The Most Dangerous Alliance in
[Israel and U.S.]
by Norman Solomon
www.dissidentvoice.org, July 20,
After getting out of Lebanon, writer June
Rugh told Reuters: "As an American, I'm embarrassed and ashamed.
My administration is letting it happen [by giving] tacit permission
for Israel to destroy a country." The news service quoted
another American evacuee, Andrew Muha, who had been in southern
Lebanon. He said: "It's a travesty. There's a million homeless
in Lebanon and the intense amount of bombing has brought an entire
country to its knees."
Embarrassing. Shameful. A travesty. Those kinds of words begin
to describe the alliance between the United States and Israel.
Here are a few more: Government criminality. High-tech terror.
Mass murder from the skies. The kind of premeditated action that
the U.S. representative in Nuremberg at the International Conference
on Military Trials - Supreme Court Justice Robert L. Jackson --
was talking about on August 12, 1945, when he declared that "no
grievances or policies will justify resort to aggressive war.
It is utterly renounced and condemned as an instrument of policy."
The United States and Israel. Right now, it's the most dangerous
alliance in the world.
Of course, Israeli officials talk about murderous crimes against
civilians by Hezbollah and Hamas. And Hezbollah and Hamas officials
talk about murderous crimes against civilians by Israel. Plenty
of real crimes to go around. At the same time, by any measure,
Israelis have done a lot more killing than dying. (If you doubt
that, take a look at the website of the Israeli human rights group
B'Tselem and its documentation of deadly events.)
In American media, the current mumbling about the need for "restraint"
is little better than window-dressing for bomb-dropping. The prevalent
dynamic is based on a chain of rarely spoken lies, however conscious
or unconscious: none more important than the lie that a religion
can make one life worth more than another; render a human death
unimportant; elevate certain war-inflicted agonies to spiritual
"Israel has overwhelming military superiority in both southern
Lebanon and Gaza," the New York Times noted in mid-July.
A pattern is deeply entrenched in U.S. media and politics: the
smaller-scale killers condemned, the larger-scale killers justified
with endless rationales.
Stripping away the righteous rhetoric, media manipulation and
routine journalistic contortions, what remains in joint U.S.-Israeli
policy is the unspoken assumption that might makes right. Myths
spin around as convenient. Israel ceremoniously "withdraws"
from Gaza, only to come back with missiles and troops however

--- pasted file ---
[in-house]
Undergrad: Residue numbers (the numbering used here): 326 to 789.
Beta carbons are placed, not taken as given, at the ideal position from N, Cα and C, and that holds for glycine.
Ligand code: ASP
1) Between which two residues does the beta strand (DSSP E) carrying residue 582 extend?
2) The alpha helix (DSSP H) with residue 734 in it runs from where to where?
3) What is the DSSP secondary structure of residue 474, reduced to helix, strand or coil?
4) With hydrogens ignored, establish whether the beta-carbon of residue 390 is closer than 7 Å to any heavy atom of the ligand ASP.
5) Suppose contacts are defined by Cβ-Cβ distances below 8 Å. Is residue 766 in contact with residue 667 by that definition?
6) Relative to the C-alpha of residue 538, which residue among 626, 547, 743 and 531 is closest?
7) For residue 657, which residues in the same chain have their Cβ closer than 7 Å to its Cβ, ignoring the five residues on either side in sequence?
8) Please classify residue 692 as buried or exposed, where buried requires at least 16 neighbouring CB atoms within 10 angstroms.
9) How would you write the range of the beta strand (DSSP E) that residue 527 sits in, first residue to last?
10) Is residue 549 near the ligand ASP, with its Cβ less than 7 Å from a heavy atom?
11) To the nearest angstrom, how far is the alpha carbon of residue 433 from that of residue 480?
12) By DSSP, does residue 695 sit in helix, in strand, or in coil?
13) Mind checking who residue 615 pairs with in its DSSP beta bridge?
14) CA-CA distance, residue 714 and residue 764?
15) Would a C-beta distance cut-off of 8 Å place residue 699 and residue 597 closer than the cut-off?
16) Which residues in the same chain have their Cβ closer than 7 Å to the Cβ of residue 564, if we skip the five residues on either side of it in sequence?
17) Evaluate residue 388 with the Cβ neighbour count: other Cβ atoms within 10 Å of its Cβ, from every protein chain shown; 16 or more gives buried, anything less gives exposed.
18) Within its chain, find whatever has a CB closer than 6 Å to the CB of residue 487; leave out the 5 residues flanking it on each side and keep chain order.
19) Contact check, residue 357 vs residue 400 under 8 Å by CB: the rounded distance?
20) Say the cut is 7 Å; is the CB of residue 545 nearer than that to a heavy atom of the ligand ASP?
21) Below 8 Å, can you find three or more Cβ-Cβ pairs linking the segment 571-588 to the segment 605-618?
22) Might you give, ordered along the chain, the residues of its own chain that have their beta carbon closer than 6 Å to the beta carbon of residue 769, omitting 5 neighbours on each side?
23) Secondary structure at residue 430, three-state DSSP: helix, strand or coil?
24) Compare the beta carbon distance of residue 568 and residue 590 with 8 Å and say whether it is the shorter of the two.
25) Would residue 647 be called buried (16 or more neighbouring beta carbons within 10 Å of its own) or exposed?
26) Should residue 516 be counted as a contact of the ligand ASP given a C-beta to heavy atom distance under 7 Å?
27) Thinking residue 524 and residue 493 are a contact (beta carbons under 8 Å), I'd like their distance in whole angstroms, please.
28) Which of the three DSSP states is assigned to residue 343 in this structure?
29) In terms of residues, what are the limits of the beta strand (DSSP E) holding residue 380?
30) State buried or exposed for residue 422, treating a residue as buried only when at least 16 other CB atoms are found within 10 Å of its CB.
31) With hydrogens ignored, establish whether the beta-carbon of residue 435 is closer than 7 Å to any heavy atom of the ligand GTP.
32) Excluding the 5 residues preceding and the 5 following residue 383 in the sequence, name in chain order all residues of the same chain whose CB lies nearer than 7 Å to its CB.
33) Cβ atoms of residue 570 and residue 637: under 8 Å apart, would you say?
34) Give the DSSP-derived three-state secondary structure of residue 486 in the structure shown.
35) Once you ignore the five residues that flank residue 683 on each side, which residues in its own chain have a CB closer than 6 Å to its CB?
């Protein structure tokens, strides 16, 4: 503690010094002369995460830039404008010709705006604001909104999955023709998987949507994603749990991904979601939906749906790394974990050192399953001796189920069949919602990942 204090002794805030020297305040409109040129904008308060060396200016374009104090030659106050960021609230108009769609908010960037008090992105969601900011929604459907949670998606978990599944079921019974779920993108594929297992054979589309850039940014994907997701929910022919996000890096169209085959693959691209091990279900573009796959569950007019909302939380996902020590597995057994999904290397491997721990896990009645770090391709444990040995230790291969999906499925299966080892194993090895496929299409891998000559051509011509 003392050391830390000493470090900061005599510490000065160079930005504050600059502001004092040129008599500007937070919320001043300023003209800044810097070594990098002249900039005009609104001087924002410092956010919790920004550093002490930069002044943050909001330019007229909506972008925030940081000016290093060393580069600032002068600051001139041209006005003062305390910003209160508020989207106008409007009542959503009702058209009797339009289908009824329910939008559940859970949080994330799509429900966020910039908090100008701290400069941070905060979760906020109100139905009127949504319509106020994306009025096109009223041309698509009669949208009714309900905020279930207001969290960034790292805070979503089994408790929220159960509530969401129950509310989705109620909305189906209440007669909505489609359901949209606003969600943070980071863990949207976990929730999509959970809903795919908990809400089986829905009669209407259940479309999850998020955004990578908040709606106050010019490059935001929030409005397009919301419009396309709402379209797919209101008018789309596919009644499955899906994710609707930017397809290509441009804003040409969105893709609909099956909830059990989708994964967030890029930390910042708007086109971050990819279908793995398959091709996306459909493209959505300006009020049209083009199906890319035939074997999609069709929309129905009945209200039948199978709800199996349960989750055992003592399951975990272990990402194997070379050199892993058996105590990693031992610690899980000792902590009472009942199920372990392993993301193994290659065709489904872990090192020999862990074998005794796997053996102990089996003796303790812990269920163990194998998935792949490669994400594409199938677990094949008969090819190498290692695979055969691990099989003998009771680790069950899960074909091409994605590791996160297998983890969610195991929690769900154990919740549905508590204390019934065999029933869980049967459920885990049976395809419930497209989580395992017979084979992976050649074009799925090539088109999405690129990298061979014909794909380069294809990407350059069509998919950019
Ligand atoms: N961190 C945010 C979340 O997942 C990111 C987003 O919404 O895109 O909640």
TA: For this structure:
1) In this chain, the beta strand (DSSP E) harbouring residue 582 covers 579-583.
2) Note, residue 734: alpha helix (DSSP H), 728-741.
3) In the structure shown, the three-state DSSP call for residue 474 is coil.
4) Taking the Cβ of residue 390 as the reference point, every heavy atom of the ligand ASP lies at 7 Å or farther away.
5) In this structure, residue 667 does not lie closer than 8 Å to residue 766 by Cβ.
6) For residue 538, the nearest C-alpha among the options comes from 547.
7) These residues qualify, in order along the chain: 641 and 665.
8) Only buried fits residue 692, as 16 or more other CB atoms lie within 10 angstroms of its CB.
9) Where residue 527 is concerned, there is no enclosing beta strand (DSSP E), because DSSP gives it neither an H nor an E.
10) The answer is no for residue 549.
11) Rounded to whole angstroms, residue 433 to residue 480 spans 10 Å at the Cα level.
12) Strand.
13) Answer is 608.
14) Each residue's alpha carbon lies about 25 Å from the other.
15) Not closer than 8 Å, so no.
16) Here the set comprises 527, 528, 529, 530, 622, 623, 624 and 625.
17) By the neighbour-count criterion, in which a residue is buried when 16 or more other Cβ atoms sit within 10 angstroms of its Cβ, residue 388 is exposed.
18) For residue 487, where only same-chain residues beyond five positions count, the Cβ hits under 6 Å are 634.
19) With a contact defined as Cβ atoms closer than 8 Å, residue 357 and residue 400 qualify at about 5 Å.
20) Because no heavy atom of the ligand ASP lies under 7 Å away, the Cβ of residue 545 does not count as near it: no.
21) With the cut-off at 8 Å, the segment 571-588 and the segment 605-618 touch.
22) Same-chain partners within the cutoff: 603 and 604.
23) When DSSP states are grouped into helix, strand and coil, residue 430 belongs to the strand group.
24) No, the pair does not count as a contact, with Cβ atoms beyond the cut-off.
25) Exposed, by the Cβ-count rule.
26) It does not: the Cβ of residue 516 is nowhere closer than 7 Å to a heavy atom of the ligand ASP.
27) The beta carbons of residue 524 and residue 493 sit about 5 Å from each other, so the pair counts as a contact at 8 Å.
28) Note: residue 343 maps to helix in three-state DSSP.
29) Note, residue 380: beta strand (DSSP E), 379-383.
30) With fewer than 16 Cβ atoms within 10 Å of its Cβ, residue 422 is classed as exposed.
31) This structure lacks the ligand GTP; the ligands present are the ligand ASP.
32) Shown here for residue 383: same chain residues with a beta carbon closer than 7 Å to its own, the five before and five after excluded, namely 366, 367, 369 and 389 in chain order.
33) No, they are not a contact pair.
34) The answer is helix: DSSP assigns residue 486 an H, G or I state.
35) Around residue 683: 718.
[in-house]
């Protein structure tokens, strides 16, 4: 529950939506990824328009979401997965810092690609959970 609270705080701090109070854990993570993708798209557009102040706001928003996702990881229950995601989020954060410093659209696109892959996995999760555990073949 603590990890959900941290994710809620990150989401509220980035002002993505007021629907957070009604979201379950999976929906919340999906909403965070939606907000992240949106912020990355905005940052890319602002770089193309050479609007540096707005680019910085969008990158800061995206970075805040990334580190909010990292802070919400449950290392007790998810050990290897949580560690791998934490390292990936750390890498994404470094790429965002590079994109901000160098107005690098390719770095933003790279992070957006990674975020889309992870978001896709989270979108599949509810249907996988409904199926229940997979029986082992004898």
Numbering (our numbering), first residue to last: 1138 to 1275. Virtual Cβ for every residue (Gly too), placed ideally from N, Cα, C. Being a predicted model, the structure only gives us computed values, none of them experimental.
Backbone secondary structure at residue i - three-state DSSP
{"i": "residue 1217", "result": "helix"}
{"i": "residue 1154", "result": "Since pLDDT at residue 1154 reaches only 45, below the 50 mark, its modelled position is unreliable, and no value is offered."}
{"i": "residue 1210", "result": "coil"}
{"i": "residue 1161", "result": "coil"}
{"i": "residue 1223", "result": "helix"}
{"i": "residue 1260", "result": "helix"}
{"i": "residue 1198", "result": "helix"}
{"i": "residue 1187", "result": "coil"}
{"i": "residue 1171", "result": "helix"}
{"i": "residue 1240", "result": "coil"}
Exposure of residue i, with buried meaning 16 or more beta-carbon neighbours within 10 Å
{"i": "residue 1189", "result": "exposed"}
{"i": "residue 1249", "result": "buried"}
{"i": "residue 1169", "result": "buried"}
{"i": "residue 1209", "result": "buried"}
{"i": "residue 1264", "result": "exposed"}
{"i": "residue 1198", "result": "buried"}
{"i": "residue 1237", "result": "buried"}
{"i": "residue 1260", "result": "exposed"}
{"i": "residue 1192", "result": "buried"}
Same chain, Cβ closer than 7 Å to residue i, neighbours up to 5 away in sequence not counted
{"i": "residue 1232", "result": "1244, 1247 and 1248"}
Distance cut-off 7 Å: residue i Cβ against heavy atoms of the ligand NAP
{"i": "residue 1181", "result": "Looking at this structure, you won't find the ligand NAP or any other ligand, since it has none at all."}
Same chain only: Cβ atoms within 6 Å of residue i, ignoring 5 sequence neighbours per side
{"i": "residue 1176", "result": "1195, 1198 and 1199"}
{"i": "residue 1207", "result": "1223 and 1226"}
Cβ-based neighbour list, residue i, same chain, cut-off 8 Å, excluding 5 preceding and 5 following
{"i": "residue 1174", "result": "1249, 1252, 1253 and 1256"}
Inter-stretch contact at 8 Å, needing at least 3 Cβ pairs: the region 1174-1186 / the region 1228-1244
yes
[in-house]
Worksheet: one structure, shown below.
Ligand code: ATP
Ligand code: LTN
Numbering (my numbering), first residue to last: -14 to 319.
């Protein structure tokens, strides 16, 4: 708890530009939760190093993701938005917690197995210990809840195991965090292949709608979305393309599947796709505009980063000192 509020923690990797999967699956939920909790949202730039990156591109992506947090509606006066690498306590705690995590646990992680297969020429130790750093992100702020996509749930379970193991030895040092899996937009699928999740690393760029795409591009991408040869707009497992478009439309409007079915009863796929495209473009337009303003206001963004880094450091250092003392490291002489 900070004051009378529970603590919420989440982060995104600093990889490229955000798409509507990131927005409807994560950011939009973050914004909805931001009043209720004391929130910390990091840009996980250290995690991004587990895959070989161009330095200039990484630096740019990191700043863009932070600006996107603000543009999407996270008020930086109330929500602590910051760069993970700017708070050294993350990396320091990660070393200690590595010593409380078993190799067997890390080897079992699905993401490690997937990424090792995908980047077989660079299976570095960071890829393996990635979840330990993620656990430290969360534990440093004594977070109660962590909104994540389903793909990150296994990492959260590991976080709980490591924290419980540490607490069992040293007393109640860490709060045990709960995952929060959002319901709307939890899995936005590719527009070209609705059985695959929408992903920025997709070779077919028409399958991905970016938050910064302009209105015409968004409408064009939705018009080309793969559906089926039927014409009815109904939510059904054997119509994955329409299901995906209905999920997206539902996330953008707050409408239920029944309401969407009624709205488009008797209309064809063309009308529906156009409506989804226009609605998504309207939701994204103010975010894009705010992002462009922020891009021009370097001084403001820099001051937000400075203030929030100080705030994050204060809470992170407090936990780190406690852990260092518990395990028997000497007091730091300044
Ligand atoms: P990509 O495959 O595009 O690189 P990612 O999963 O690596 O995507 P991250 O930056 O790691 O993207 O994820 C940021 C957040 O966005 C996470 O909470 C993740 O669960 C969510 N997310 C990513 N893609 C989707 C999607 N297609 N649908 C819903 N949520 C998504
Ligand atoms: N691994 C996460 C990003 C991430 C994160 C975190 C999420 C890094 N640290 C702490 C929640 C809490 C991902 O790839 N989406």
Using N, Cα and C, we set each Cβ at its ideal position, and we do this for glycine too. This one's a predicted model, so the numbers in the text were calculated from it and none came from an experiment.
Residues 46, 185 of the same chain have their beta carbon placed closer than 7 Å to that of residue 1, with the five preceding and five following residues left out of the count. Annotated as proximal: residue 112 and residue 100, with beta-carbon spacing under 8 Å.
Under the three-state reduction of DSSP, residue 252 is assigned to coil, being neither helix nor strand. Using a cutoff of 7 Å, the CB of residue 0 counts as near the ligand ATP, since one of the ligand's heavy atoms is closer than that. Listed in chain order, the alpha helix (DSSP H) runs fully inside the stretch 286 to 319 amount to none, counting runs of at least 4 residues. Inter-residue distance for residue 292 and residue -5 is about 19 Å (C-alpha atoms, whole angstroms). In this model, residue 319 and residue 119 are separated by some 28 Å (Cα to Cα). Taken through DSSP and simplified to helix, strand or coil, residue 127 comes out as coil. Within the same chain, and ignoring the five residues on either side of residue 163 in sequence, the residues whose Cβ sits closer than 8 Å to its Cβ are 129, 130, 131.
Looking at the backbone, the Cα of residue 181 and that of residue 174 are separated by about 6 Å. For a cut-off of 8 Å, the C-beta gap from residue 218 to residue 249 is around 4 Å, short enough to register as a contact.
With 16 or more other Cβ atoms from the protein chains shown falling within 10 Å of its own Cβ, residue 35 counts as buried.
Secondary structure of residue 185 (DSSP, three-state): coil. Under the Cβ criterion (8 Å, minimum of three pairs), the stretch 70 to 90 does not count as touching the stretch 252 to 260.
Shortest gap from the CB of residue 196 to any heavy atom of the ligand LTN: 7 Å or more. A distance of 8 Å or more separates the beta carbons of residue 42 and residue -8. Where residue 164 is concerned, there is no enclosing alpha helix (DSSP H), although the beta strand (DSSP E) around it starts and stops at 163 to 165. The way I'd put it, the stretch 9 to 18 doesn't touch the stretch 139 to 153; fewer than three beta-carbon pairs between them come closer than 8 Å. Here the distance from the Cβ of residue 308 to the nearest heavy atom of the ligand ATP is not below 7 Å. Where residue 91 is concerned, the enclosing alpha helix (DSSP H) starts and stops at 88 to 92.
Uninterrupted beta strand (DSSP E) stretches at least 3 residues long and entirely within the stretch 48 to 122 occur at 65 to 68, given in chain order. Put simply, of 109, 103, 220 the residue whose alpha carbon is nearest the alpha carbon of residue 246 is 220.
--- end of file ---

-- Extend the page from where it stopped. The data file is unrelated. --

and whenever it pleases. The West Bank also continues to be a
place of subjugation and resistance. And, as W.H. Auden observed,
"Those to whom evil is done / Do evil in return."
The Israeli leaders who launched July's state-of-the-killing-art
air assault on Gaza and Lebanon had to know that many civilians
would be killed, many others wounded, many more terrorized. The
smug moral posturing that Israel's military does not target specific
civilians is moldy political grist -- and, in human terms, irrelevant
to the totally predictable carnage.
"There are terrorists who will blow up innocent people in
order to achieve tactical objectives," President Bush said
on July 13. Of course he was referring to actions by Hezbollah
and Hamas. We're supposed to pretend that Israel does not also
"blow up innocent people in order to achieve tactical objectives."
Israel calls itself a Jewish state, and its leadership often claims
to represent the interests of Jewish people. Killers who terrorize
often claim to be acting on blessed behalf of others of the faith.
Muslims, Christians, Jews, Hindus... By now, such demagoguery
ought to be transparent.
In the 40th year of Israel's unconscionable occupation of Palestinian
territories, Israeli leaders have their agenda. What's ours?
It should include clearly opposing the most dangerous alliance
in the world.
In the United States, evading the "might makes right"
core of the alliance is easy. The dodge makes dropping bombs on
Lebanon and Gaza that much easier for the Israeli government.
As usual, you can hear it in the weasel-worded statements from
even the better politicians on Capitol Hill. You can read it in
New York Times editorials. Instead of saying that aggressive war
by Israel "is utterly renounced and condemned as an instrument
of policy," the message is that aggressive war by Israel
is accepted and embraced as an instrument of policy.
Most of all, you can hear it in the silence.
Norman Solomon's most recent book is War Made Easy: How Presidents
and Pundits Keep Spinning Us to Death. For more information, visit:
www.WarMadeEasy.com. He can be reached at: firstname.lastname@example.org.